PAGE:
Monday, December 31, 2007

More Great Films

I wanted to highlight what I consider curious omissions from the American Film Institute's top 100 list. Considering films like The Sixth Sense, Toy Story, and Titanic(!!!) made the list I wonder who votes on these things. Anyway the following are American classics that are certainly in the top twenty, if not top ten, American films. Trust me, I've seen every movie in AFI's top twenty.

The Magnificent Ambersons

After Citizen Kane this is Orson Welles best film. It is impossible for me to NOT watch it if I see even one scene. Every acting performance is brilliant, particularly Joseph Cotten and Tim Holt. This has yet to be released (officially) onto DVD and sadly that may be why it was snubbed by AFI. Leaving this one out is not just wrong according to my opinion, it is a total joke, and makes AFI look curiously uninformed!
Actually if you compare their list from 1998 and the recent one from this past year it is amazing how films like Raging Bull and Vertigo (which I have shown are considered top ten internationally) suddenly jumped 20 and 52 spots respectively between the two polls. The Searchers which barely made the list in 98 (at #96) jumped a whopping 84 spots! I wouldn't be surprised when their next list comes out, if Ambersons is in the top twenty or something...when it is re-released onto DVD. Idiots.

The Manchurian Candidate

John Frankenheimer's best work is also the best non-Hitchcock, Hitchcock type thriller ever made (besides Carol Reed's The Third Man). The fact that it was remade is movie sacrilege almost on par with Gus Van Sant's remake of Pyscho. Where do these ideas come from? Idiots.

Sherlock Jr.

Although I was extremely happy AFI finally recognized Buster Keaton's other masterpiece The General on their latest poll, sadly Sherlock Jr. still goes unnoticed for the groundbreaking work that it is. Perhaps it's short running time causes it to be overlooked or maybe they can only fit a certain number of silent classics on their list. Anyway, at least they removed Al Jolson's Jazz Singer this time around.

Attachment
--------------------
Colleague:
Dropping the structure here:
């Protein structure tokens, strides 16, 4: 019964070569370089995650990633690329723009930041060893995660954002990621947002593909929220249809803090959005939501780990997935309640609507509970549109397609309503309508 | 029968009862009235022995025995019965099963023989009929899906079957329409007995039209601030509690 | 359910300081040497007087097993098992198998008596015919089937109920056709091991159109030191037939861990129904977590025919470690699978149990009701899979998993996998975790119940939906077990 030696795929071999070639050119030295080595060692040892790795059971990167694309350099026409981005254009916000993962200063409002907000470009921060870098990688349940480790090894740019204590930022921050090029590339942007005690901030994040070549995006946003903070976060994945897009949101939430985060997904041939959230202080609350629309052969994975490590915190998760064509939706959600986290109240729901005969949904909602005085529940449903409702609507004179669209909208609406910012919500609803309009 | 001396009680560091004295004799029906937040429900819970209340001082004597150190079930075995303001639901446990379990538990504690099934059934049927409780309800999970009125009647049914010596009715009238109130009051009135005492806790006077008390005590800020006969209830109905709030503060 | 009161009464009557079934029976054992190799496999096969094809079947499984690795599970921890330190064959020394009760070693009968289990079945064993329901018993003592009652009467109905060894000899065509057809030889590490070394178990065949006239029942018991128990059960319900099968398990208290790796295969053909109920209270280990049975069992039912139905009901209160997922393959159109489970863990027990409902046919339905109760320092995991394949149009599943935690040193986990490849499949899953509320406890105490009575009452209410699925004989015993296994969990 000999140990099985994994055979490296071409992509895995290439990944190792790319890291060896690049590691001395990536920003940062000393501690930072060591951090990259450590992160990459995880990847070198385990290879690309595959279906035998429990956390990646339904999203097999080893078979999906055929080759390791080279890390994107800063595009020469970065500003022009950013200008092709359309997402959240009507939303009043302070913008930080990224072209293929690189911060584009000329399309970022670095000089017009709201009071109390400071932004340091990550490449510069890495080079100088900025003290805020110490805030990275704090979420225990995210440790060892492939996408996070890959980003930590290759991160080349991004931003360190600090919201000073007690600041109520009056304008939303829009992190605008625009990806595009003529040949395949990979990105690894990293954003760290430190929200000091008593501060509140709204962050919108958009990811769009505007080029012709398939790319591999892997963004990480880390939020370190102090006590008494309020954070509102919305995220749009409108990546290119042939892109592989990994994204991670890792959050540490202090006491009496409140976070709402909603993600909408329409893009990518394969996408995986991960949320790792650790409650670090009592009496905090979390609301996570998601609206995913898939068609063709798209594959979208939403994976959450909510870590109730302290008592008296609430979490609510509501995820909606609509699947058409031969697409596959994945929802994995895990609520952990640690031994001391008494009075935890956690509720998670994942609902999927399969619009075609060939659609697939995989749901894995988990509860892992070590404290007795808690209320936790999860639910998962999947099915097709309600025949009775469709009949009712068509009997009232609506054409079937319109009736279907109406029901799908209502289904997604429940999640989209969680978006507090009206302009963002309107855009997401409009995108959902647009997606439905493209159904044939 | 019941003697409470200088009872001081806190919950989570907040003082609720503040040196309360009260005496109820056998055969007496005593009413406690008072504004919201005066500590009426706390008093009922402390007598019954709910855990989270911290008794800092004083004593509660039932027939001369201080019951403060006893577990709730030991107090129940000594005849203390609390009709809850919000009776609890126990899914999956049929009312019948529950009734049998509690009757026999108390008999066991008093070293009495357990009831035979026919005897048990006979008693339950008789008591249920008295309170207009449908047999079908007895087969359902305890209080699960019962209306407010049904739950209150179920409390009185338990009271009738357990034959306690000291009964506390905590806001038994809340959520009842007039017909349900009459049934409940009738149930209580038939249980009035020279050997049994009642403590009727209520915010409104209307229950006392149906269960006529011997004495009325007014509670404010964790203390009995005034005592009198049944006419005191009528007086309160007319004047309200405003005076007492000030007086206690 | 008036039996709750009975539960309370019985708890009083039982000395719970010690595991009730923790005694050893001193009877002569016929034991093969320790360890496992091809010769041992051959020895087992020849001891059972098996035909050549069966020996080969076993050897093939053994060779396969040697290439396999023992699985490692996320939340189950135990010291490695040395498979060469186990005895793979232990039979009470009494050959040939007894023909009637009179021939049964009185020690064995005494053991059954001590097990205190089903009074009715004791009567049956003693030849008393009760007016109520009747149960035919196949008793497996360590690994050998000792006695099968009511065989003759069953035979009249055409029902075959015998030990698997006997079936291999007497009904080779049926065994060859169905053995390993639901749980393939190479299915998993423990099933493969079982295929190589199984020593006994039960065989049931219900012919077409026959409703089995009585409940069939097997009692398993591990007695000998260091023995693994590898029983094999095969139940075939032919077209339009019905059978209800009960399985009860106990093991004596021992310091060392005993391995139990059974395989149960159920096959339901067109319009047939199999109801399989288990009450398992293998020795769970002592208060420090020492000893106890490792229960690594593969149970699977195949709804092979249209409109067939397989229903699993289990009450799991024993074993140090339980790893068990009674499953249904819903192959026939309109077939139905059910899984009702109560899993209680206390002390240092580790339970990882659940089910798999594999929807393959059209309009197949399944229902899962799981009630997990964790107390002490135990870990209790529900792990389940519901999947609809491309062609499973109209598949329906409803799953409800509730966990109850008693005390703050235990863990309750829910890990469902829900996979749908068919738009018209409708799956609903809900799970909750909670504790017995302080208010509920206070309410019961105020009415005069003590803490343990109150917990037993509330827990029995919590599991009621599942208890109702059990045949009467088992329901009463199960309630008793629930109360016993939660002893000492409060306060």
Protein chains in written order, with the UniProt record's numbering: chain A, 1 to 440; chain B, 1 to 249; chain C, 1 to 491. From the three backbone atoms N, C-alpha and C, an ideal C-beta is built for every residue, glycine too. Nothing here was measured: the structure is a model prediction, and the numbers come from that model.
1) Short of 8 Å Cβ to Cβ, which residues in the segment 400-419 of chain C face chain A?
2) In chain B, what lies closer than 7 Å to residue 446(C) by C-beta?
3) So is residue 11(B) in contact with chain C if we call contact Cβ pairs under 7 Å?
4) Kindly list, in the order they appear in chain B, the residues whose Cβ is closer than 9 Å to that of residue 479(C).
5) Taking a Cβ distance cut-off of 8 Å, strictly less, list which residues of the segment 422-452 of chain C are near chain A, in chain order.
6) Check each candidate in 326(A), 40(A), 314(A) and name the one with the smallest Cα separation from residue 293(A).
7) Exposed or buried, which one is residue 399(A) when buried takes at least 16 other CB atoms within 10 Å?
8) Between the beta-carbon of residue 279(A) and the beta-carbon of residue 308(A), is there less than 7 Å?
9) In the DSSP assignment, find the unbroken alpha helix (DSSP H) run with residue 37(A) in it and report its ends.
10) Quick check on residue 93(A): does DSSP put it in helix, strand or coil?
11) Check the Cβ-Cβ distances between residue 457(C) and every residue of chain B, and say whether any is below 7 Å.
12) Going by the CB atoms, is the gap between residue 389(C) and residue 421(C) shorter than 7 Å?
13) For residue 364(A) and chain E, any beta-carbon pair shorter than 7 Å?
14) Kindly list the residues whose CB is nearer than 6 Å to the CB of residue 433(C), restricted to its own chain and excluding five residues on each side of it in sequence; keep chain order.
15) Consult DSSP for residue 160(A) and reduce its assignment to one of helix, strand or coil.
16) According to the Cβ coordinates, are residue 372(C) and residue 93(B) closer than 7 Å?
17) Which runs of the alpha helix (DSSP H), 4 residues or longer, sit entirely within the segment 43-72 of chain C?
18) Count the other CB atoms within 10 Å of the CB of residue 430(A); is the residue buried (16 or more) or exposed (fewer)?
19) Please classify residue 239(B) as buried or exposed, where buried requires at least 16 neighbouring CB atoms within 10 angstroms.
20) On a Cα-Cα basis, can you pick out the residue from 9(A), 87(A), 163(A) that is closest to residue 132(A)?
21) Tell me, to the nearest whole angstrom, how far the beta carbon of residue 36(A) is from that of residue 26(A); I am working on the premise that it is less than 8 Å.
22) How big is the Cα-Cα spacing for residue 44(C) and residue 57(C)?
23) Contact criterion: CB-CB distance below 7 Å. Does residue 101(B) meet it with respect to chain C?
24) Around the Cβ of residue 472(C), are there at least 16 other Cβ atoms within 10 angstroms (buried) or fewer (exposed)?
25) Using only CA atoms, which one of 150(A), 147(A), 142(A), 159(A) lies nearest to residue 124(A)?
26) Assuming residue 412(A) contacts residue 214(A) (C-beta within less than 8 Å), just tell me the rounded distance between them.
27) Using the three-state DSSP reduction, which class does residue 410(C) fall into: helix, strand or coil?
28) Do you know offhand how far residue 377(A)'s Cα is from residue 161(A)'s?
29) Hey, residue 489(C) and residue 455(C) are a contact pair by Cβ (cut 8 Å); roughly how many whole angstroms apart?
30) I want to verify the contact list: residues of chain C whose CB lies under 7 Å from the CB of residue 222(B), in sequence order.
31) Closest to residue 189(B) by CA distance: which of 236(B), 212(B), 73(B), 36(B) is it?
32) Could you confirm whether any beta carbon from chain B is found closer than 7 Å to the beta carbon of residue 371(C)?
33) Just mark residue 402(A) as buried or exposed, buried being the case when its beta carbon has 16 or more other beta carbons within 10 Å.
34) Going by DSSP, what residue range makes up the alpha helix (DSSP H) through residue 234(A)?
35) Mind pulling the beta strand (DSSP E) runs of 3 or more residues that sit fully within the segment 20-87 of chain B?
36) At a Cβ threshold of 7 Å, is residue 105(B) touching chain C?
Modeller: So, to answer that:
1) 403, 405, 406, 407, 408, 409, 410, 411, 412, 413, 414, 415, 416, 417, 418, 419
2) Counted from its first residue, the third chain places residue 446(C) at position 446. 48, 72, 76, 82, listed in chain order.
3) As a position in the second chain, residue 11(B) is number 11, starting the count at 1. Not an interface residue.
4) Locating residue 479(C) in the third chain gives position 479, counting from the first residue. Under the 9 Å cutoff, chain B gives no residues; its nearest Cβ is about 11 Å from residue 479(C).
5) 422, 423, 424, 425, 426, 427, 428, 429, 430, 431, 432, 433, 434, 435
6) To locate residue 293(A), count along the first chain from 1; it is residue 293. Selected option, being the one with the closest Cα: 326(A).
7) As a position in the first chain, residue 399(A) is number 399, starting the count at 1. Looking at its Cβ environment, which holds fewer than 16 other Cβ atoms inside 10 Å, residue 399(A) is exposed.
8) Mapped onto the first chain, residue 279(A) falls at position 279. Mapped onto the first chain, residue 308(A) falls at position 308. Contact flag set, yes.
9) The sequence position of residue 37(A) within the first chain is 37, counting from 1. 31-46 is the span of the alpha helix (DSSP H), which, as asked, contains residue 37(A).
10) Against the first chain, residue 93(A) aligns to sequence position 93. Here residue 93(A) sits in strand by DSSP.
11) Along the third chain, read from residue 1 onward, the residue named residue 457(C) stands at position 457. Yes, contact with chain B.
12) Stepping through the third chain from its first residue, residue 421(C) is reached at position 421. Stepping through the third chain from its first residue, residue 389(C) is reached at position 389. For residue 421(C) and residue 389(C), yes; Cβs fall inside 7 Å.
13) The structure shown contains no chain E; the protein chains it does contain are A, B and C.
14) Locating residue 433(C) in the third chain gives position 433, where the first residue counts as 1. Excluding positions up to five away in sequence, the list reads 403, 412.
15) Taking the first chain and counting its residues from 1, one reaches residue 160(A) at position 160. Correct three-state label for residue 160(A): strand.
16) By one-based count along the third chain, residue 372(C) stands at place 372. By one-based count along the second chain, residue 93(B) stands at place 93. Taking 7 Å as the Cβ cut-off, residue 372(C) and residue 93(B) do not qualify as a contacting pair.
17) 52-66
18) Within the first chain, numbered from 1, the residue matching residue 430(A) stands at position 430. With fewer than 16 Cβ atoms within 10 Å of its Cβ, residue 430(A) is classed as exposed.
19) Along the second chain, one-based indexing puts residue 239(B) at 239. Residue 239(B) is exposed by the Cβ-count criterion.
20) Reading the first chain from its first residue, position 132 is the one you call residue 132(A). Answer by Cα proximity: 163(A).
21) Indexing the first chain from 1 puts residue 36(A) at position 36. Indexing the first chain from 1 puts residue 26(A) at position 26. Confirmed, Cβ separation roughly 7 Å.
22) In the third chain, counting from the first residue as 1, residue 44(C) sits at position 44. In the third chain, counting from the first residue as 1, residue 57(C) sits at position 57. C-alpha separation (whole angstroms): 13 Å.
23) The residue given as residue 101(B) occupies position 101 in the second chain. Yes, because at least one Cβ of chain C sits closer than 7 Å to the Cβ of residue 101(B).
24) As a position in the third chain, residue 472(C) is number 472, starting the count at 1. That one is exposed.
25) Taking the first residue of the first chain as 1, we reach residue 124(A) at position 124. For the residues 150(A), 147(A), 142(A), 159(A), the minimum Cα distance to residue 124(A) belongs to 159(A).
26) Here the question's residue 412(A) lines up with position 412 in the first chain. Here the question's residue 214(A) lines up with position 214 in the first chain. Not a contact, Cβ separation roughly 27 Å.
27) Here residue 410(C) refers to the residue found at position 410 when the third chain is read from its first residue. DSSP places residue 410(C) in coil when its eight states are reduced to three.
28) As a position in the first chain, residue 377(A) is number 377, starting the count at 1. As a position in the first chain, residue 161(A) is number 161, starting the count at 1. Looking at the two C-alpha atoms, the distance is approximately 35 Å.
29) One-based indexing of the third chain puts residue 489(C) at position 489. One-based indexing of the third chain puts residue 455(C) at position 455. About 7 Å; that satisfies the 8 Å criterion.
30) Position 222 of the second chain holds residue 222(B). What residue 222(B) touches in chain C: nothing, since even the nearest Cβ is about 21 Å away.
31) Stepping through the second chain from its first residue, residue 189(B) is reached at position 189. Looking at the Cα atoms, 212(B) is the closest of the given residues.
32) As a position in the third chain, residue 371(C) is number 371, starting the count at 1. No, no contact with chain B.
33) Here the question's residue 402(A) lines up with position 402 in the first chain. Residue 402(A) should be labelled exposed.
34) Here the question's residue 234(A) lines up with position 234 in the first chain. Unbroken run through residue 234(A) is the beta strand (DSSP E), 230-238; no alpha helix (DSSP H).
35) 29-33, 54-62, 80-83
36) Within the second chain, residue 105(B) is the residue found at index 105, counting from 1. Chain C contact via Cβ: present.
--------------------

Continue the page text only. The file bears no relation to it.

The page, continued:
The Night Of The Hunter

I have already listed this one in my personal top ten and the fact that the American Film Institute doesn't have this film listed is criminal to me. Along with The Magnificent Ambersons I think this is the biggest mistake they have made. This was Charles Laughton's one and only directed film and what a film to be remembered for. Many people probably only think of this as a very dark, noir classic (ok, that was redundant) with Robert Mitchum as a homocidal, phony preacher. It is his best role by the way. But I love it for many other reasons. Lillian Gish plays probably the last true Christian in American cinema. Her character is excellent and excellently written. I still need to buy this one on DVD myself. And by the way, I did receive Band Of Brothers on DVD for Christmas! Thanks, honey!

Anyway, these films need to be watched and spoken for the next time any "Greatest" list comes around.

Oh yeah, and Happy New Year everyone!

1 comment:

Anonymous said...

What about Home Alone?